Driving conditions in France

According to the RAC, people wishing to drive in France must be aged 18 or over and hold a full and valid driving license to drive legally in France. Driving licenses issued in EU and EEA countries are accepted and international driving licenses are recognized but not required.

When driving in France, you should always carry the following with you: your full and valid UK driving licence, an identity document, for example your passport, your car insurance certificate, your V5 registration document. Your car must also have a UK sticker, unless it already has “UK” on the number plate.

You are also required by law to carry the following items when driving in France: one reflective vest per car occupant, a warning triangle, headlight deflectors (if your car does not adjust manually) and a breathalyzer / alcohol test. blood alcohol level.

In addition, the latest road regulations for drivers in France specify that all drivers and motorcyclists are prohibited from wearing helmets or earphones while driving. Changes to road regulations in France have also reduced the speed limit on many A and B roads to 80 km/h (50 mph).

It should also be noted that the blood alcohol limit for driving in France is lower than in England, Wales and Northern Ireland. For drivers and motorcyclists with less than three years of experience, the blood alcohol limit is 0.2 grams per litre. For drivers and motorcyclists with more than three years of experience, the limit is 0.5 grams per litre. In England, Wales and Northern Ireland the limit is 0.8 grams per litre, and in Scotland it is 0.5 grams per litre.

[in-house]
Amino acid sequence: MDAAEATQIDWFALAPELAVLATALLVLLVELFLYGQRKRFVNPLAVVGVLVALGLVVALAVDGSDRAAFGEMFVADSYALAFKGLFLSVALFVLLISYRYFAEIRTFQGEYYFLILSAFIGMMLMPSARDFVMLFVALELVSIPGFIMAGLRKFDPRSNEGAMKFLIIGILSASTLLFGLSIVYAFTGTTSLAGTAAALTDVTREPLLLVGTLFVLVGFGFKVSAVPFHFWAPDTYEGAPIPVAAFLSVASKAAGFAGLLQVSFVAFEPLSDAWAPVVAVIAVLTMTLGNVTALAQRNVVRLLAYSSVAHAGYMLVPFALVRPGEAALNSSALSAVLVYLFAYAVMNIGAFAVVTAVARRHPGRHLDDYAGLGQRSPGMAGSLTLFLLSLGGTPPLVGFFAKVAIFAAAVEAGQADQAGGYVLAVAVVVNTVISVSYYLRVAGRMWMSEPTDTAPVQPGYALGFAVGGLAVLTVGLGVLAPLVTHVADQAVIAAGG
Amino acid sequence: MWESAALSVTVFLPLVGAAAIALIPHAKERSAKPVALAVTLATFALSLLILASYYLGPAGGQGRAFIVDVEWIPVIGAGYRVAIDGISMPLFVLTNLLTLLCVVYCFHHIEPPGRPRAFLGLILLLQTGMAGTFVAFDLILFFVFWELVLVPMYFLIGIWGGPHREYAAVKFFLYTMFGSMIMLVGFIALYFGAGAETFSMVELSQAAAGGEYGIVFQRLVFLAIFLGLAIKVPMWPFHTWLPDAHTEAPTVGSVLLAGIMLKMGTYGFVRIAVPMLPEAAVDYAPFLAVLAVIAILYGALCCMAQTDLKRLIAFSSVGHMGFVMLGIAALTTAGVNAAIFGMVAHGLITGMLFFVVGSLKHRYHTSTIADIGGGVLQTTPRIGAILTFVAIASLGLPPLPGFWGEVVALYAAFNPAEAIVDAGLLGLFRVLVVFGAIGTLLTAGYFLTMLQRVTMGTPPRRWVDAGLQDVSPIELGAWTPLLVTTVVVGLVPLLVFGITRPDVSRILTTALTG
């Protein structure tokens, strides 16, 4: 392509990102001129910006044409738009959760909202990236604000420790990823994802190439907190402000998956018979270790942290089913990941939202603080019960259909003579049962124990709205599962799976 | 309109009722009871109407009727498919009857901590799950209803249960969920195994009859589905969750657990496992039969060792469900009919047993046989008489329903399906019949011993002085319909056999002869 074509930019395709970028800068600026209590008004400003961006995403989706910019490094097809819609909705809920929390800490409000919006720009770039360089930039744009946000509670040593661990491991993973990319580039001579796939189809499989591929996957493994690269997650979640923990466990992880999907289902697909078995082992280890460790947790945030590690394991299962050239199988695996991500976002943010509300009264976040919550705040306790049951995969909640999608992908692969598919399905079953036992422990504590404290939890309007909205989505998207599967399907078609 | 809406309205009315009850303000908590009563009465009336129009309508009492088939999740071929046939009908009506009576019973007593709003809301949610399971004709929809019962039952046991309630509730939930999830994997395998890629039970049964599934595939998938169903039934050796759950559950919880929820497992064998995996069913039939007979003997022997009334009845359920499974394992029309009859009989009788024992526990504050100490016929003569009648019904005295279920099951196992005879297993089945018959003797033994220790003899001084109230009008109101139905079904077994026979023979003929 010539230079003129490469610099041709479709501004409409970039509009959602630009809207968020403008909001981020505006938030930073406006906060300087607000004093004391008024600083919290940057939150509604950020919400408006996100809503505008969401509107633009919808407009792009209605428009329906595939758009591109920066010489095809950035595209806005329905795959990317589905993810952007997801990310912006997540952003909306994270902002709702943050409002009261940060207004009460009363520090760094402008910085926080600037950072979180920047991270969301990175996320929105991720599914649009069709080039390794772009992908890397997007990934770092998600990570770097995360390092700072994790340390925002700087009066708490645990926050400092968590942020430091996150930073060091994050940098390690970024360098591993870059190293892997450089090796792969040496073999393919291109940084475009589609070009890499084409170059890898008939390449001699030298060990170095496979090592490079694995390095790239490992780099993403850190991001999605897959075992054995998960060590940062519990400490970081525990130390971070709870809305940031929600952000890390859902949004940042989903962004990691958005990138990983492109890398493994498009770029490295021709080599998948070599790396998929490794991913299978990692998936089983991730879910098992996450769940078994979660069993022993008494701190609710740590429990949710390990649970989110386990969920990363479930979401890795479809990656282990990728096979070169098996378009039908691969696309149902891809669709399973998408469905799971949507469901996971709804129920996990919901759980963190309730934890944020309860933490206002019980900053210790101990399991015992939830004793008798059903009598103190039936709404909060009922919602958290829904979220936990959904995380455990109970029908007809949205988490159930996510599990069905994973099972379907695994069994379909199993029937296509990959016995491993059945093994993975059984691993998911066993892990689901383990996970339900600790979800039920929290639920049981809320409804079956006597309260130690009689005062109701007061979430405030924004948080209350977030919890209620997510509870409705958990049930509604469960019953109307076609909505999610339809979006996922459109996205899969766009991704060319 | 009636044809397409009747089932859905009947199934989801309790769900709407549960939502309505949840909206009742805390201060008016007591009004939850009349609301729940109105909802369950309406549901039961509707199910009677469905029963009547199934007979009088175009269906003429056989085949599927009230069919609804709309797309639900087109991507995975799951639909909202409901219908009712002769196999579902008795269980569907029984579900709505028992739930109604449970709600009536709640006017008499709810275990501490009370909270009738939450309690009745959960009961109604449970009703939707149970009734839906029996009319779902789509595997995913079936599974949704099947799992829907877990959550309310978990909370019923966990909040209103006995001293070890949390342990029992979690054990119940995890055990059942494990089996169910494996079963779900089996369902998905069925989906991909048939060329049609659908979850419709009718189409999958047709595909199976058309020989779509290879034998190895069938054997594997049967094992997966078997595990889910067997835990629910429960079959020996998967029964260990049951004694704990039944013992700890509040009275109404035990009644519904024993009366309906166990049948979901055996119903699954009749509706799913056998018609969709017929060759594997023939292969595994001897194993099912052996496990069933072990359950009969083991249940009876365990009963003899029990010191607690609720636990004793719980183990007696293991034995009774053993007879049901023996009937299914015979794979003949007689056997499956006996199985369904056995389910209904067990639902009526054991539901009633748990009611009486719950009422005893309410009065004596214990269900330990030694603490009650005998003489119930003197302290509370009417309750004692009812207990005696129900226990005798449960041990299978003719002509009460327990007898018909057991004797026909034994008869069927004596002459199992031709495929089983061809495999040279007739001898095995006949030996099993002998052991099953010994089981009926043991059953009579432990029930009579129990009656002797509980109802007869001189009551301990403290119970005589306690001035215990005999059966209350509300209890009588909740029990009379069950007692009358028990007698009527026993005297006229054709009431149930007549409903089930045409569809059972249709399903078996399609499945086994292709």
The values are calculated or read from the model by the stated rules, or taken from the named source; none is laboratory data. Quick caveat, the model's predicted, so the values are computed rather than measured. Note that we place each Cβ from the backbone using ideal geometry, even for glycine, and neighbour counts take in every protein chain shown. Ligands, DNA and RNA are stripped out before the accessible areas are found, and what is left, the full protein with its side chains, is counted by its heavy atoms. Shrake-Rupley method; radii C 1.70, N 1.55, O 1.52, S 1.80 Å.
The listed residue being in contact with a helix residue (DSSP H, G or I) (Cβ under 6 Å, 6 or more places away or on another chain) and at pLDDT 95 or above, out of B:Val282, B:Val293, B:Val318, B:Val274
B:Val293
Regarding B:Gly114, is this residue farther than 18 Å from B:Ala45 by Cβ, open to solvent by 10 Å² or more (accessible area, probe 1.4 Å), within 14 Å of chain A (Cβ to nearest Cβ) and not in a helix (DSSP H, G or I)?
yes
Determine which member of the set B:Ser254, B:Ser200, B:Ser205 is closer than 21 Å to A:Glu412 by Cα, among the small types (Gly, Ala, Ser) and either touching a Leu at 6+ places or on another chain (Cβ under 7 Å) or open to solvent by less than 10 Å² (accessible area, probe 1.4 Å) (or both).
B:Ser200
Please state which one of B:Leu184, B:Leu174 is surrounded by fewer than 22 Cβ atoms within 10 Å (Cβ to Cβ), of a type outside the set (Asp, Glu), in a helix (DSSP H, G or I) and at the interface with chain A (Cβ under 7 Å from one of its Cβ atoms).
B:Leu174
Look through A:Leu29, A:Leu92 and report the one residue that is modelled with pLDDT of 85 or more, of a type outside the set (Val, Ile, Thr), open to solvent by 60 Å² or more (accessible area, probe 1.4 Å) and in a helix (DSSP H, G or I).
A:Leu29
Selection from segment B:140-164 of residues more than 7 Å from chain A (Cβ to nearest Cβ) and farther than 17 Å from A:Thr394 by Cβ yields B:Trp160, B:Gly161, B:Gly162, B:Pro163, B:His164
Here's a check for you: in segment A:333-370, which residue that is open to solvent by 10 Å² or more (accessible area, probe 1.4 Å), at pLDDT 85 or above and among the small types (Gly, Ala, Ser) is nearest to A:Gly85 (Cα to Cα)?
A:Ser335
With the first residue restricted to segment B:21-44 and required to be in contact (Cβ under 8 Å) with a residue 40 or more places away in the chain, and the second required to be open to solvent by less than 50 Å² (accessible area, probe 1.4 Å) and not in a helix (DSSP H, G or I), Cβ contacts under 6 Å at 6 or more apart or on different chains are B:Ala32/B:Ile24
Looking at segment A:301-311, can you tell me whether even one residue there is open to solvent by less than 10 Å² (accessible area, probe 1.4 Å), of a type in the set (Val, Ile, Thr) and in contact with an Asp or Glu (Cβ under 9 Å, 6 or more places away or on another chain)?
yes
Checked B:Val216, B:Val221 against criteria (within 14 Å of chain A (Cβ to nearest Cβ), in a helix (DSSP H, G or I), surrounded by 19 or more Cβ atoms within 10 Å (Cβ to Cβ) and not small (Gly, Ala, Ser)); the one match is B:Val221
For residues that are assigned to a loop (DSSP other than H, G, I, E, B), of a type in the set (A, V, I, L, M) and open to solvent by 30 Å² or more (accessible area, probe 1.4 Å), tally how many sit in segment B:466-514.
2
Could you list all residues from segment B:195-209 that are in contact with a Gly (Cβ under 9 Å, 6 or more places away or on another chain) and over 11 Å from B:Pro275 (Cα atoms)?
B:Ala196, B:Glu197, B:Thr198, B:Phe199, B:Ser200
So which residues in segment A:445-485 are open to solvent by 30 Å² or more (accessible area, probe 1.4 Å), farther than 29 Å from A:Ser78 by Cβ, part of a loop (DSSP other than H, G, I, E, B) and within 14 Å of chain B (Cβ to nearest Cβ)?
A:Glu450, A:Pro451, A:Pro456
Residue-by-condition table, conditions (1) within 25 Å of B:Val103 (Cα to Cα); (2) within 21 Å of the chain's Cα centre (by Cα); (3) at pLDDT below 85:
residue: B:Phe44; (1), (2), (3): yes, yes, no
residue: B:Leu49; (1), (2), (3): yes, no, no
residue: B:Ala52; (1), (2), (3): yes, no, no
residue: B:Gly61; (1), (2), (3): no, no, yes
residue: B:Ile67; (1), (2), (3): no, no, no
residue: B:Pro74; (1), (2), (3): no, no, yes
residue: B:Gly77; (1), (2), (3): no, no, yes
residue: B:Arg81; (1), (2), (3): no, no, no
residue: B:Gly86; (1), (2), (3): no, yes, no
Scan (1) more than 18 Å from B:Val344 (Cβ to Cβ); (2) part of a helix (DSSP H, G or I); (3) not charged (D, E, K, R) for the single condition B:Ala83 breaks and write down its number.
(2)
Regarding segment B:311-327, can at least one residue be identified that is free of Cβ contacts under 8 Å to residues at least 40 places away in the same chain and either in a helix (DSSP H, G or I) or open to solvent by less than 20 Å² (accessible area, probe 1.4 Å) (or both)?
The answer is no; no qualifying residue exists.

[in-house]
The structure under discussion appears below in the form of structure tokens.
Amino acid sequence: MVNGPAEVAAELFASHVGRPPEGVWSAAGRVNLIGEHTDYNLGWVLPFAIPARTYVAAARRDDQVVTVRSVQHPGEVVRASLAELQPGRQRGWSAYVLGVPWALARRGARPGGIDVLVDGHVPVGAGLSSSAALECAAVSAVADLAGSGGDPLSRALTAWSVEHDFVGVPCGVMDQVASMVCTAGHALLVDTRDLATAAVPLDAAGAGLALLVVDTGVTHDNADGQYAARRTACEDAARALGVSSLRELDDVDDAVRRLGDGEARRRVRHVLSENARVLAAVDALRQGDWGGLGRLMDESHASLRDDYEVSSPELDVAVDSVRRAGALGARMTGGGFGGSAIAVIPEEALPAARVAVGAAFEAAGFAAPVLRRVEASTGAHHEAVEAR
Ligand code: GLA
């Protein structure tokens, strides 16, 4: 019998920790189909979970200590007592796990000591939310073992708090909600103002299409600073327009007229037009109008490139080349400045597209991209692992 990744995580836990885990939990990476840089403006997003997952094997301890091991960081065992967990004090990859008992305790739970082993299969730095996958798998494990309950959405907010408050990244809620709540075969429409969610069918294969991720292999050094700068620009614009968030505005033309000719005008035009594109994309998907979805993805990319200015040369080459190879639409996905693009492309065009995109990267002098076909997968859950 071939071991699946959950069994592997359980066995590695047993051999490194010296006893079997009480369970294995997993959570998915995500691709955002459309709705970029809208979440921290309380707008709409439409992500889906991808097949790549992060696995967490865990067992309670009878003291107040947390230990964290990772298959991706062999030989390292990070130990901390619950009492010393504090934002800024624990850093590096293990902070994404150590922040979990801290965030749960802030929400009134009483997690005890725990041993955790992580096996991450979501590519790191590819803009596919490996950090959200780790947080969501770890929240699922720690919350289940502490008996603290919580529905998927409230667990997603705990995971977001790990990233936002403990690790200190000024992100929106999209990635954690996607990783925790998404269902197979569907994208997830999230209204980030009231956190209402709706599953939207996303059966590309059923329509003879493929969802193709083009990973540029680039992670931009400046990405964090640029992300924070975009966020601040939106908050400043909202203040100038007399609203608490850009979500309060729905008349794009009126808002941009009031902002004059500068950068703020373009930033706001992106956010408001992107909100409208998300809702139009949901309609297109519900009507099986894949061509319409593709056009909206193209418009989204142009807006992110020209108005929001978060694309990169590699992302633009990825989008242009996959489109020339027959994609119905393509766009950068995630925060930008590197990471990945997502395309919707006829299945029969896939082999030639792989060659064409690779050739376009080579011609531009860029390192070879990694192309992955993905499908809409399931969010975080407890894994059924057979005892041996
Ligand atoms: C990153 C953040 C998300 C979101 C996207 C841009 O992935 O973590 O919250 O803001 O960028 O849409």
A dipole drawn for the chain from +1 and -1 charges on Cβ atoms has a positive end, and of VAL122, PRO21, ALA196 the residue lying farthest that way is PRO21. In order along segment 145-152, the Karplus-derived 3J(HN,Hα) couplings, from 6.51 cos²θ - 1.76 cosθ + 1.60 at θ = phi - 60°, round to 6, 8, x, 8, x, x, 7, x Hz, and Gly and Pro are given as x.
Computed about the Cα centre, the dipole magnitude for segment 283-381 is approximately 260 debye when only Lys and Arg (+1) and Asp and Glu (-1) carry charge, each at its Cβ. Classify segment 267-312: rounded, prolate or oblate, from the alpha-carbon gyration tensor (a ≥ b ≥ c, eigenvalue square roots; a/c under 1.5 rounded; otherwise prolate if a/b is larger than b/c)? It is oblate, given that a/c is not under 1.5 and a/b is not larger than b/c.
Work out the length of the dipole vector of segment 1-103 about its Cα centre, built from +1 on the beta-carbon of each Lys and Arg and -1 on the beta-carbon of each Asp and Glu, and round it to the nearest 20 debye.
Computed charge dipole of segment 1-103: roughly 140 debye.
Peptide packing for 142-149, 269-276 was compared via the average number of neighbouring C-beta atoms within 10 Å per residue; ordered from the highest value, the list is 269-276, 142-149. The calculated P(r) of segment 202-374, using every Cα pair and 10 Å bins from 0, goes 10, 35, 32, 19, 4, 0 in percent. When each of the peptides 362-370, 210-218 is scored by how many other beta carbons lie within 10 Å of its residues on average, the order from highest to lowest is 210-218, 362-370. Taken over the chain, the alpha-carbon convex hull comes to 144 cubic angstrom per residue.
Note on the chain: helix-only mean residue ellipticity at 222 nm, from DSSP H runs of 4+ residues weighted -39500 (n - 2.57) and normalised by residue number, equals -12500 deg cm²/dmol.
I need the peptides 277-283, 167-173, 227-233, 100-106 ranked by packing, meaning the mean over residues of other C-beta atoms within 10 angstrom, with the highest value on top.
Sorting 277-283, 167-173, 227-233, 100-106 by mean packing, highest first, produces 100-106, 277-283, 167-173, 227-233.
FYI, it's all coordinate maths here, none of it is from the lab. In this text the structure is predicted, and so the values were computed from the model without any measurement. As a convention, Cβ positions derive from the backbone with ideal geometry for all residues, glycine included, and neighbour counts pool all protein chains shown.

Britons driving in France should also be aware that it is necessary to affix a “Crit’Air” sticker to their car when traveling to certain cities. The sticker costs £3.60, but drivers can face an on-the-spot fine of around £120 if they don’t have one, the RAC says.

Face mask and Covid rules in France

The UK Foreign Office says face masks are compulsory in all healthcare establishments in France, including hospitals, clinics, nursing homes, retirement homes and assisted living facilities, as well as in establishments for people with disabilities.

People wishing to visit these places must obtain the “sanitary pass” from the French government. You can apply for a pass by showing your vaccination certificate, a negative PCR or antigen result from a test carried out within the last 24 hours, or a document (dated more than 11 days and less than six months) proving that you have recently recovered from Covid.

From Monday May 16, wearing a mask in public transport is no longer compulsory in France – but it is recommended, especially for vulnerable people.

The Foreign Office adds: “Some tour operators such as airlines may specify the types of masks to be worn on board, for example surgical masks, and may encourage you to bring spares for long journeys. Please check with from your tour operator before you travel.”


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Edward L. Robinett